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Rooms Spin On Axes

By , San Diego, CA

There is a pink room in the Roseworth house that resides in a dark void and spins around its left corner. It appears where it chooses to–the Roseworths have lost track of the amount of times they raced to the kitchen to grab a snack or trudged up to their rooms to fall into bed only to open the door and find the room hovering in the darkness. But no matter where it is, it is always present, rotating at its steady, moderate pace.
Sometimes fish leap out of the bottom of the room and its floor splashes like the surface of a sparkling stream. Then the room rotates, the side becomes the bottom, and the fish disappear into the new floor. Other times copper rings will rain down from the ceiling and fall to the bottom with a soft clink. Then they tumble around the room like colored glass in a kaleidoscope until they slowly evaporate in a cloud of platinum steam. There is always something new falling and tumbling in the room.
The room is always empty. There is no way to gauge how far it is from the house, or any way to gauge the depth of the darkness that surrounds it. Teddy Roseworth thinks the darkness may even expand every time someone looks into it.

“Like the universe,” he says, spreading his arms and wiggling his stubby fingers. “Always getting bigger and bigger in every direction. Spreading into places nobody knows about and turning them into more places that people can know about. Do you think that’s where the darkness is going?”

“Maybe you should jump into it and find out,” Maggie Roseworth replies. She isn’t sarcastic in the slightest, just very curious and very bad at grasping consequences.

At first, Frederick Roseworth swore he would ground them if he ever caught them trying to interact with the room, much less trying to jump into the darkness and hope for the best. But eventually, every Roseworth gave in to the urge to satisfy their curiosity. They used to wake up in the middle of the night and peek behind every door until they found it. Teddy threw paper airplanes in the room’s direction. Maggie emptied out her piggy bank and listened for the sound of coins hitting the bottom. Frederick just stared.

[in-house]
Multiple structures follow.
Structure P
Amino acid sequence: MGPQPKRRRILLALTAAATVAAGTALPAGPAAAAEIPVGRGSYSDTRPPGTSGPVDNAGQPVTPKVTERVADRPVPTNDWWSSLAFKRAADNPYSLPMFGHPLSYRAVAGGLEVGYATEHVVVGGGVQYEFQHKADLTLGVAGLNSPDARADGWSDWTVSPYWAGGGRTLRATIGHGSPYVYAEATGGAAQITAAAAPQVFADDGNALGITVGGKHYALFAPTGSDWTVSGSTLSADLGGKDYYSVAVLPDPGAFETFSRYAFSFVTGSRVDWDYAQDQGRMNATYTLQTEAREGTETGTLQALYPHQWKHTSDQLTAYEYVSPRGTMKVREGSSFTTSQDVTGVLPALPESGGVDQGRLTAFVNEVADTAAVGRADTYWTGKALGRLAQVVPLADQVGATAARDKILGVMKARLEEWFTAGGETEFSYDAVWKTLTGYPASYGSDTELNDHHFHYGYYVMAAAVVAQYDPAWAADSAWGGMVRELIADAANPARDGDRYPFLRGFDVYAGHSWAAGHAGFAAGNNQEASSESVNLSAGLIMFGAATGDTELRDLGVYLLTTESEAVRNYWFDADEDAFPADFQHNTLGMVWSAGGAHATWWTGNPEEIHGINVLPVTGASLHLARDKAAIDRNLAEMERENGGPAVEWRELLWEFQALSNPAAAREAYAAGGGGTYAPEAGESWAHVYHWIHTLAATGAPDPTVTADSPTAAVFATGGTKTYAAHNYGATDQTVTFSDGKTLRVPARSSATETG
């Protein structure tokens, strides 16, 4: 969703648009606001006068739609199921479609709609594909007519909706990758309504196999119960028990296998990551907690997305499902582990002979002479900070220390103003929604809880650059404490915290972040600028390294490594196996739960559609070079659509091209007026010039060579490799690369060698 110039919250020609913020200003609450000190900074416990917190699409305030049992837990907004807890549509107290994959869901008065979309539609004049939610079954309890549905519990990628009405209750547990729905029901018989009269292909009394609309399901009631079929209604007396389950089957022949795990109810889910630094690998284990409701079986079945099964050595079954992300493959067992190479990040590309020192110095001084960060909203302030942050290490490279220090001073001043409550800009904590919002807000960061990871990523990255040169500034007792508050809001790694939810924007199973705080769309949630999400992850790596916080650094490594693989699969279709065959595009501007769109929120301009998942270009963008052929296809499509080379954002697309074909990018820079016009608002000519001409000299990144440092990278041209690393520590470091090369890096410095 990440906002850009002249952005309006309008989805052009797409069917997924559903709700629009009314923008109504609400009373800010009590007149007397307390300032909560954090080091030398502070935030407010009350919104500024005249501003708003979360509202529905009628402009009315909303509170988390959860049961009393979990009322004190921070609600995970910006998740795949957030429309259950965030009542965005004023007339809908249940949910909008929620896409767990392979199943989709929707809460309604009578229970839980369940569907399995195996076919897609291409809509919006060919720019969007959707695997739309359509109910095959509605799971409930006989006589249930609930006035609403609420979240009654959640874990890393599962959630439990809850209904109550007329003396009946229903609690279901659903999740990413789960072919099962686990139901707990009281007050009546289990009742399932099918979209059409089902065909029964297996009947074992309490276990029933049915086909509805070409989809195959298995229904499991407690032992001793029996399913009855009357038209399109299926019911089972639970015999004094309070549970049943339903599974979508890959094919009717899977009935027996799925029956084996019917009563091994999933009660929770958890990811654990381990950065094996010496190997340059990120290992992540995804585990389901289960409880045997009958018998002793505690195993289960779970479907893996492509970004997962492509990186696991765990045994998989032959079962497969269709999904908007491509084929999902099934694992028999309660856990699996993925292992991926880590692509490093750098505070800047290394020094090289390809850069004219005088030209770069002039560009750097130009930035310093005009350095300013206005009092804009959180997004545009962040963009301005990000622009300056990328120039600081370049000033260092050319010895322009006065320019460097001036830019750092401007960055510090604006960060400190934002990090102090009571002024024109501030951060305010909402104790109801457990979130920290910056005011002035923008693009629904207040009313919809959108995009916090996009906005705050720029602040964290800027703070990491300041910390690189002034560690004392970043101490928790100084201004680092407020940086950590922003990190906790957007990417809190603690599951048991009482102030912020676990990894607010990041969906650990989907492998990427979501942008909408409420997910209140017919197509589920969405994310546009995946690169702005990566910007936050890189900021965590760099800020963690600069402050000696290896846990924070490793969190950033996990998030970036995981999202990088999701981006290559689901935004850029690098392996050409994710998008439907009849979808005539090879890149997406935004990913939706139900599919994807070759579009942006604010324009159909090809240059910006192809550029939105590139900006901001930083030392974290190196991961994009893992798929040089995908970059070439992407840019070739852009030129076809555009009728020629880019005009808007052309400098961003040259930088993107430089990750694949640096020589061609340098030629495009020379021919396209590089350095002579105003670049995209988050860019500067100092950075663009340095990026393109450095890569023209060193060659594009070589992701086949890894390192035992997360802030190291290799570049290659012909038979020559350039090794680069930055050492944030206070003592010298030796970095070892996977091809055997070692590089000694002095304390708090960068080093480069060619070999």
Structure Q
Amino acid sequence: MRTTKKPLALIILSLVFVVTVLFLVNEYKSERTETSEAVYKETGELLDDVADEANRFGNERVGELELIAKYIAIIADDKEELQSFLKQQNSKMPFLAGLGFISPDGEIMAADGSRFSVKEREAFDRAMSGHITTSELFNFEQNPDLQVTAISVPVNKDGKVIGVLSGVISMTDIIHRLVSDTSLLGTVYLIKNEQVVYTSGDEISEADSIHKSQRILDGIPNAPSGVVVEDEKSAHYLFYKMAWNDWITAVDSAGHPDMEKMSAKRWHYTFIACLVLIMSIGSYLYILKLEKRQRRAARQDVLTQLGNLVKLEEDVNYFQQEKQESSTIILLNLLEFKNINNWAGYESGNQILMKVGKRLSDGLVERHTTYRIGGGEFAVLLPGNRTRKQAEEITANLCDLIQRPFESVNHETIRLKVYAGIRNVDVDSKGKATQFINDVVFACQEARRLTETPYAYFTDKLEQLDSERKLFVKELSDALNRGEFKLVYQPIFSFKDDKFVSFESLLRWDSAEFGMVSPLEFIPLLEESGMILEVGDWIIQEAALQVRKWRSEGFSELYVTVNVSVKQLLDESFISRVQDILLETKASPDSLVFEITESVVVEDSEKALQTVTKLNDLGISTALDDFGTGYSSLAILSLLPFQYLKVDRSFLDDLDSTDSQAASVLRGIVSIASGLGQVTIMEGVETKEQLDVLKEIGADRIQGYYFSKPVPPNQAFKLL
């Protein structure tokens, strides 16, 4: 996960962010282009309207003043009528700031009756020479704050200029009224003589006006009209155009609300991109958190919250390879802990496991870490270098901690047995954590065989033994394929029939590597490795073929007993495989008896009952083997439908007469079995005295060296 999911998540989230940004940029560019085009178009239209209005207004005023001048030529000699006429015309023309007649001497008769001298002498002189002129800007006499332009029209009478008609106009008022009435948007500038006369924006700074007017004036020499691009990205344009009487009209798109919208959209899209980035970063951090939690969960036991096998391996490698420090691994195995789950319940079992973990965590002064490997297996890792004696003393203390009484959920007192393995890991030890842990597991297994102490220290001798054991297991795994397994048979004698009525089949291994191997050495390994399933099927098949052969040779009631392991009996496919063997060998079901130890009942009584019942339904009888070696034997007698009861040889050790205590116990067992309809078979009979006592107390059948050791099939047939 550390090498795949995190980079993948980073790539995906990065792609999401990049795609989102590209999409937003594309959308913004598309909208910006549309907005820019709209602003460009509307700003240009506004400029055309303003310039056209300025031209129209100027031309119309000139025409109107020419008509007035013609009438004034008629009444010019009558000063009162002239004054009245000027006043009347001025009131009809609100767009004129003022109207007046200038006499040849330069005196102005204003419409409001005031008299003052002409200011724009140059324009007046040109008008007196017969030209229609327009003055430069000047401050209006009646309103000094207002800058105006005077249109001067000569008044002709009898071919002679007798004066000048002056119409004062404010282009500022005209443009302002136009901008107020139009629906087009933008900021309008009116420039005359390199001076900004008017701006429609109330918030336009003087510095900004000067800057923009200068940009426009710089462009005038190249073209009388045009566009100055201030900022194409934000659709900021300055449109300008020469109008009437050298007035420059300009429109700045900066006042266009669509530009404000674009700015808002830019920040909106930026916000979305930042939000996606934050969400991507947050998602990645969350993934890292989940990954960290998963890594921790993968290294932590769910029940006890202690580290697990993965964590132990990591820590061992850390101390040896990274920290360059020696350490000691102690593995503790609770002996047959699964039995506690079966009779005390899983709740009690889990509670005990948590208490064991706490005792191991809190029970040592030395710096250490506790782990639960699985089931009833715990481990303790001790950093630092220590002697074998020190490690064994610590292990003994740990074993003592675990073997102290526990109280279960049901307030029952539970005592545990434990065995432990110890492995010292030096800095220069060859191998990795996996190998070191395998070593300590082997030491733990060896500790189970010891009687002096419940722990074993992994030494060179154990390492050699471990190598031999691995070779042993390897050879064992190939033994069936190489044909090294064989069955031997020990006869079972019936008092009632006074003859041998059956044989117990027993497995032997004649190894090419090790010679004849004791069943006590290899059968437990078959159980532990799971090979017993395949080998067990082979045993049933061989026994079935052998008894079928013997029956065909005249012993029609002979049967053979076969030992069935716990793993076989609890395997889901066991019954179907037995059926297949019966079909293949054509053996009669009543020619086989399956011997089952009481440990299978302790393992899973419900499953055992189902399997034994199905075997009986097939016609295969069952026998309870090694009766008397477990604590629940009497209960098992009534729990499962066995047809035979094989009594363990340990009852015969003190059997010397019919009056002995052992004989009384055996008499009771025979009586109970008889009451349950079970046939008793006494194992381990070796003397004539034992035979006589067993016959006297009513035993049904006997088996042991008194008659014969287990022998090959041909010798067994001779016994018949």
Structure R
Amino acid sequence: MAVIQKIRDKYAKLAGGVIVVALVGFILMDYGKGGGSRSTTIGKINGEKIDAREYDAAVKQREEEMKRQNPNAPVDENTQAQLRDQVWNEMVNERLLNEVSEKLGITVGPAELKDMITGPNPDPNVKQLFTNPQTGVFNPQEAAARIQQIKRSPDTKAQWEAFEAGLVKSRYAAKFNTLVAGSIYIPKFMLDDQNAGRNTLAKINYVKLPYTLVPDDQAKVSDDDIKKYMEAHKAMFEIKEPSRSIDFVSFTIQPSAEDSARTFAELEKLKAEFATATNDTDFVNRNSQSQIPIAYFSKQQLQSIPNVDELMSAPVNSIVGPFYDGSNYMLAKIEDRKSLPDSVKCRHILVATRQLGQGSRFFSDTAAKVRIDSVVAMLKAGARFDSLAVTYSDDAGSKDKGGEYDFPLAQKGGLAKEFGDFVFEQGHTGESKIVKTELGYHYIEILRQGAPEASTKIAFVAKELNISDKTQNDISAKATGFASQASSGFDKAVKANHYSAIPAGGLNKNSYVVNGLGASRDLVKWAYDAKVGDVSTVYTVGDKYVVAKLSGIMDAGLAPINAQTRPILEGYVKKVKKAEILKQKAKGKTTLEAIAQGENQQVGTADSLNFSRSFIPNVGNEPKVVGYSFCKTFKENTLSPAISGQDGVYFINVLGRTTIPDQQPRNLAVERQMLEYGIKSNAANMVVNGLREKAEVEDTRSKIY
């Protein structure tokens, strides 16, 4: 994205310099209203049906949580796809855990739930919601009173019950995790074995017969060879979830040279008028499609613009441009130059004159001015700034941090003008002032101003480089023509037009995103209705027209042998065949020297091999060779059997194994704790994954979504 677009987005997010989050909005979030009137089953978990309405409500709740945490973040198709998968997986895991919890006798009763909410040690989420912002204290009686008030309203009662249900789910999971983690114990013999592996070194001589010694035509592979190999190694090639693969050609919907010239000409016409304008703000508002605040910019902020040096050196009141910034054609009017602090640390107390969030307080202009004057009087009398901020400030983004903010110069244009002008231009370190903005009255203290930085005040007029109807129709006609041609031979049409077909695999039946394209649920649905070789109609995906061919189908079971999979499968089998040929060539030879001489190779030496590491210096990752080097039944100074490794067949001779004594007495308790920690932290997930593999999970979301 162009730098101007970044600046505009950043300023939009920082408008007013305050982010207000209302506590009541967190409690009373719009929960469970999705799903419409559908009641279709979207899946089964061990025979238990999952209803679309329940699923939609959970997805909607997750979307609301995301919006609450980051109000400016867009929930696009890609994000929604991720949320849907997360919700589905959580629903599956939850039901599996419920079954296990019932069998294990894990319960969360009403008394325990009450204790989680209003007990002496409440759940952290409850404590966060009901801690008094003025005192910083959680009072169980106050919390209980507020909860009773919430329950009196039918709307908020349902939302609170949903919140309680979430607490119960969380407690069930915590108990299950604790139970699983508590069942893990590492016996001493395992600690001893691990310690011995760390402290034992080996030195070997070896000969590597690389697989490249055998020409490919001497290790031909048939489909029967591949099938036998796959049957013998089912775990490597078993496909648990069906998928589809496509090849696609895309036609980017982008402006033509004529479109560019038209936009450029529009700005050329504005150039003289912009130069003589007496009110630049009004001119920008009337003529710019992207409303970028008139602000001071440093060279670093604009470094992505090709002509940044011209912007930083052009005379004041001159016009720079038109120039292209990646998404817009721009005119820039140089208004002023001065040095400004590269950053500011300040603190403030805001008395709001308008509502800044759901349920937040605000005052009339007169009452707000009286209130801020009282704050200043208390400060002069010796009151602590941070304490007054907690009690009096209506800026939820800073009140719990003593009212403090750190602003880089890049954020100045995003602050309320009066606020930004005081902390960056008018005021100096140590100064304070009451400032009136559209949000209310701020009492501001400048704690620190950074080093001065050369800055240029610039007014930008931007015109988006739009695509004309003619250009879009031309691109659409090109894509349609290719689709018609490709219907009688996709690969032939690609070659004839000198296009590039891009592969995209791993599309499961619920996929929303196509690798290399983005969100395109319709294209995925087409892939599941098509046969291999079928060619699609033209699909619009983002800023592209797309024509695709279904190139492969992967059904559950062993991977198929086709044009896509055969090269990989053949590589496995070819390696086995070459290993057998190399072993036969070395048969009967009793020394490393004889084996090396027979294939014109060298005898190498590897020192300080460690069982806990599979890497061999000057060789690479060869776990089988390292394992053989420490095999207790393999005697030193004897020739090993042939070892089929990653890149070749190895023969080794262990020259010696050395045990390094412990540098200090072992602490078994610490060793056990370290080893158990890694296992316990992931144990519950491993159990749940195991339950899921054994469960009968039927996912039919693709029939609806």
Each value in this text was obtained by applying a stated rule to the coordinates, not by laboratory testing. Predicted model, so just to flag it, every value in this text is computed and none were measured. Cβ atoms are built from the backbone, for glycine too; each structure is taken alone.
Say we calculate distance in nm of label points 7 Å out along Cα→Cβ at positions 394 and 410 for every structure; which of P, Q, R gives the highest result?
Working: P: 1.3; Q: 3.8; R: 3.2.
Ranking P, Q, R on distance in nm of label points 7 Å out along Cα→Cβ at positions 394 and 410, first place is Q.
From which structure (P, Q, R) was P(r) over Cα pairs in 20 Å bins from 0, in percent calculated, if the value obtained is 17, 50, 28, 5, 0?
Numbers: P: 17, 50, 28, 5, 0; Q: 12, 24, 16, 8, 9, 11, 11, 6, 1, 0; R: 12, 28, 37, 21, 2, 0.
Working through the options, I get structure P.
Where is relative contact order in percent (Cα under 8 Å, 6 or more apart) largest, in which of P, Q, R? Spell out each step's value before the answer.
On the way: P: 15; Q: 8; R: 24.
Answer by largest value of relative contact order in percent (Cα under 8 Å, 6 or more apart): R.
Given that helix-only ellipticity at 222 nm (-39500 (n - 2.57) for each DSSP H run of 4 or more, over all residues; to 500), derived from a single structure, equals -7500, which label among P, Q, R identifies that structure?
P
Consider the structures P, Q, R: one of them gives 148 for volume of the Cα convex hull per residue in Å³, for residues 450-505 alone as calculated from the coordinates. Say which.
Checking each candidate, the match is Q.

Now, after months of experimentation, the children mostly use the room as a landfill, tossing banana peels and candy wrappers into the infinite black below. Every time they throw something in, it begins vibrating, releasing the sound of a soft F sharp.

The Roseworths still do not know much about the room, or why it is there, but every month, a different man wearing shabby overalls and a magenta baseball cap shows up at their door, claiming to be an electrician and stuttering about broken fuse pipes. He always pulls out a flute, flings open every door in their house, and shakes his flute over the carpet. Salt comes pouring out the holes. The spinning room never shows up when the supposed electricians come by, and the men always leave with a look of distinct disappointment.

The Roseworths don’t usually mind the intrusion, although Frederick complained of having to clean up the salt afterwards.

“I just don’t get it,” Frederick muttered once after sweeping another pile of salt into a dustpan. “What is the room doing here? Does it want something from us? Does it have a purpose?”

Teddy shrugged. “Do we?”

There is a pink room in the Roseworth house that resides in a dark void and spins around its left corner.

Last Monday, an asteroid fell to Earth and fell directly on the Roseworth house, killing the family instantly.






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